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Telfair remembers Rodin with exhibit, events

  • Ixelles Idyll; modeled in plaster about 1876, cast in bronze first in 1885; Musée Rodin cast 4 in 1981; bronze; Coubertin Foundry; lent by Iris & B. Gerald Cantor Foundation
  • Meditation (with Arms), modeled about 1880, enlarged about 1896; Musée Rodin cast 8 in 1979; bronze; Coubertin Foundry; lent by Iris Cantor
  • Hand of God, modeled 1898; cast number and date unknown; bronze; Alexis Rudier Foundry, lent by Iris Cantor
  • Rodin, about 1880, in a plaster-splattered coat
 

Telfair remembers Rodin with exhibit, events

30 Aug 2017

This November is the centennial anniversary of the death of Auguste Rodin, one of the most significant and influential sculptors of modern history. In commemoration, Telfair Museums is hosting “Rodin: The Human Experience” at the Jepson Center, an exhibition organized by the Iris and B. Gerald Cantor Foundation, which holds the largest and most comprehensive private collection of works by the artist.

This nationally traveling exhibition includes 32 individual bronze works by Rodin as well as detailed information about his studio practice and the fascinating process for casting official reproductions of his work. There will also be two music-related events exploring the connection between the sculptor and Beethoven, whom Rodin referred to as “the first Romantic.”

The first event on Sept. 25 will be a lunch and lecture by musicologist Olivia Mattis that investigates the inspiration Rodin derived from Beethoven’s music. The second event on Oct. 19 will be a performance at the Telfair Academy by Quynh Shannon, a Savannah Philharmonic guest artist and music instructor at Savannah State University making her solo piano debut. Shannon will perform selections by Rachmaninoff, Beethoven and Mussorgsky with an “elegant dinner” afterward at the Jepson Center.

“We are joining museums around the world in commemorating this anniversary,” says Telfair’s chief curator of collections and exhibitions, Courtney McNeil. “Rodin is such an interesting figure because his art education was very traditional and he came of age at a time where the old 19th century structures of the art world were very firmly in place.

“He revolutionized the look of sculpture in the early 20th century and really served as a bridge between the traditional academic world and modern art in that his works were really expressive and sometimes deliberately unfinished. Sometimes he was exhibiting fragments of the human body as complete works in and of themselves.”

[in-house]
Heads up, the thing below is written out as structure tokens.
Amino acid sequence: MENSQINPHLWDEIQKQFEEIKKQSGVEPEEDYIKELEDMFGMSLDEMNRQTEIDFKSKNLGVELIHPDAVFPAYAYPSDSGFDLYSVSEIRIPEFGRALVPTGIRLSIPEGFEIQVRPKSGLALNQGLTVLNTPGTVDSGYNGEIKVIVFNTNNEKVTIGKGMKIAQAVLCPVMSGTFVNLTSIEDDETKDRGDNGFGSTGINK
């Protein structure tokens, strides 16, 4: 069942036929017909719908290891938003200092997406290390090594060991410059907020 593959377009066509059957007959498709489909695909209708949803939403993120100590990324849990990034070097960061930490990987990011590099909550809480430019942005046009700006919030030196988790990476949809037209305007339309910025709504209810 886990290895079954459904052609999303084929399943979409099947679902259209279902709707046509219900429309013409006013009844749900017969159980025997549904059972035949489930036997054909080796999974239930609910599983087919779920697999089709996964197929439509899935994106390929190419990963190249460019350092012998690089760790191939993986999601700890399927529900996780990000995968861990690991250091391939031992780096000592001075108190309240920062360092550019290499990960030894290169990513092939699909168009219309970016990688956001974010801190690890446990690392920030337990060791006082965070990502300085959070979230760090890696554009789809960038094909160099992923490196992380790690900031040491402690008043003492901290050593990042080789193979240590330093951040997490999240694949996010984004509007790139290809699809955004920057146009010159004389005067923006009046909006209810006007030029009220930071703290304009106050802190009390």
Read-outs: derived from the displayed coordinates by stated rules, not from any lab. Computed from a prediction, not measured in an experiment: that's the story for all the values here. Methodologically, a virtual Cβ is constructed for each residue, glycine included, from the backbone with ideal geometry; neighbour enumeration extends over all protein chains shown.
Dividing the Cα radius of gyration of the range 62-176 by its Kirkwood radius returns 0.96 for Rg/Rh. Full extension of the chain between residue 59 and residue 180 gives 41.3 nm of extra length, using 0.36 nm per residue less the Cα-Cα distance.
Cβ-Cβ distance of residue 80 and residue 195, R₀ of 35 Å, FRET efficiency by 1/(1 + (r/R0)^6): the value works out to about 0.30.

“Rodin: The Human Experience” will include many different examples of Rodin’s work, from large-sized sculptures, to various busts and tableaux, to a series of studies and experiments with marcottage, the use of broken sculptural fragments in new works that he pioneered.

McNeil also points out that the painter and fine arts adviser to Telfair Museums, Gari Melchers, was attempting to acquire a work by Rodin for Telfair’s own collection just before the sculptor died in 1917. Melchers had been corresponding with Rodin, attempting to negotiate the purchase of a figure from one of his most famous works, “The Burghers of Calais.” Rodin had been intrigued and very open to the idea, but he passed away before the deal could materialize.

“So this is also the 100th anniversary of us not acquiring a Rodin,” jokes McNeil.

Almost equally interesting as the works themselves is the process by which they were cast and reproduced. This process, called cire-perdue, or the lost-wax casting process, will be detailed in the exhibition as well. What many may not realize is that Rodin was a tireless self-promoter and he encouraged as many reproductions of his work as possible. For example, between 1898 and 1918, one of the main foundries Rodin worked with produced 231 bronze casts of “The Eternal Spring” and 319 of “The Kiss” in four different sizes.

“Rodin’s primary objective was to get his work in front of as many people as possible,” says McNeil. “To do that he was known to authorize many, many casts of his works during his lifetime. The idea of limited-edition casting was instituted by the Rodin Museum after his death when Rodin’s will gave them the authority to continue to cast his works.”

To demonstrate how the process worked, the museum is including a number of explanatory text panels and video to illustrate the techniques that were used by foundries to achieve the miraculous results. “Rodin: The Human Experience’ will be on view through Jan. 7.

IF YOU GO

What: “Rodin: The Human Experience”

When: Sept. 1-Jan. 7

Where: Jepson Center, 207 W. York St.

Cost: Free for museum members; general admission applies for non-members

Info: telfair.org/Rodin

What: “Rodin: Inspired by Beethoven” lecture, luncheon

When: 10:30 a.m. Sept. 25

Where: Lecture at Trinity United Methodist Church, followed by lunch at the Jepson Center

Who: Former Iris & B. Gerald Cantor Foundation fellow and musicologist Olivia Mattis will explore the inspiration Rodin derived from the music of Beethoven.

Cost: $85

What: ArtStart: “Rodin: The Human Experience”

When/where: 10:30 a.m. Oct. 19, Jepson Center

Why: For young patrons, story time, special tour and art activity. Strollers,crying babies and older siblings welcome.

Cost: $5 per child, adult members free, adult non-members $12

What: Free Family Day: Rodin

When/where: 1-4 p.m. Nov. 11, Jepson Center

Why: Local sculptors will give demonstrations and talk about the process of making sculptures in bronze, wood and other media

Cost: Free and open to the public

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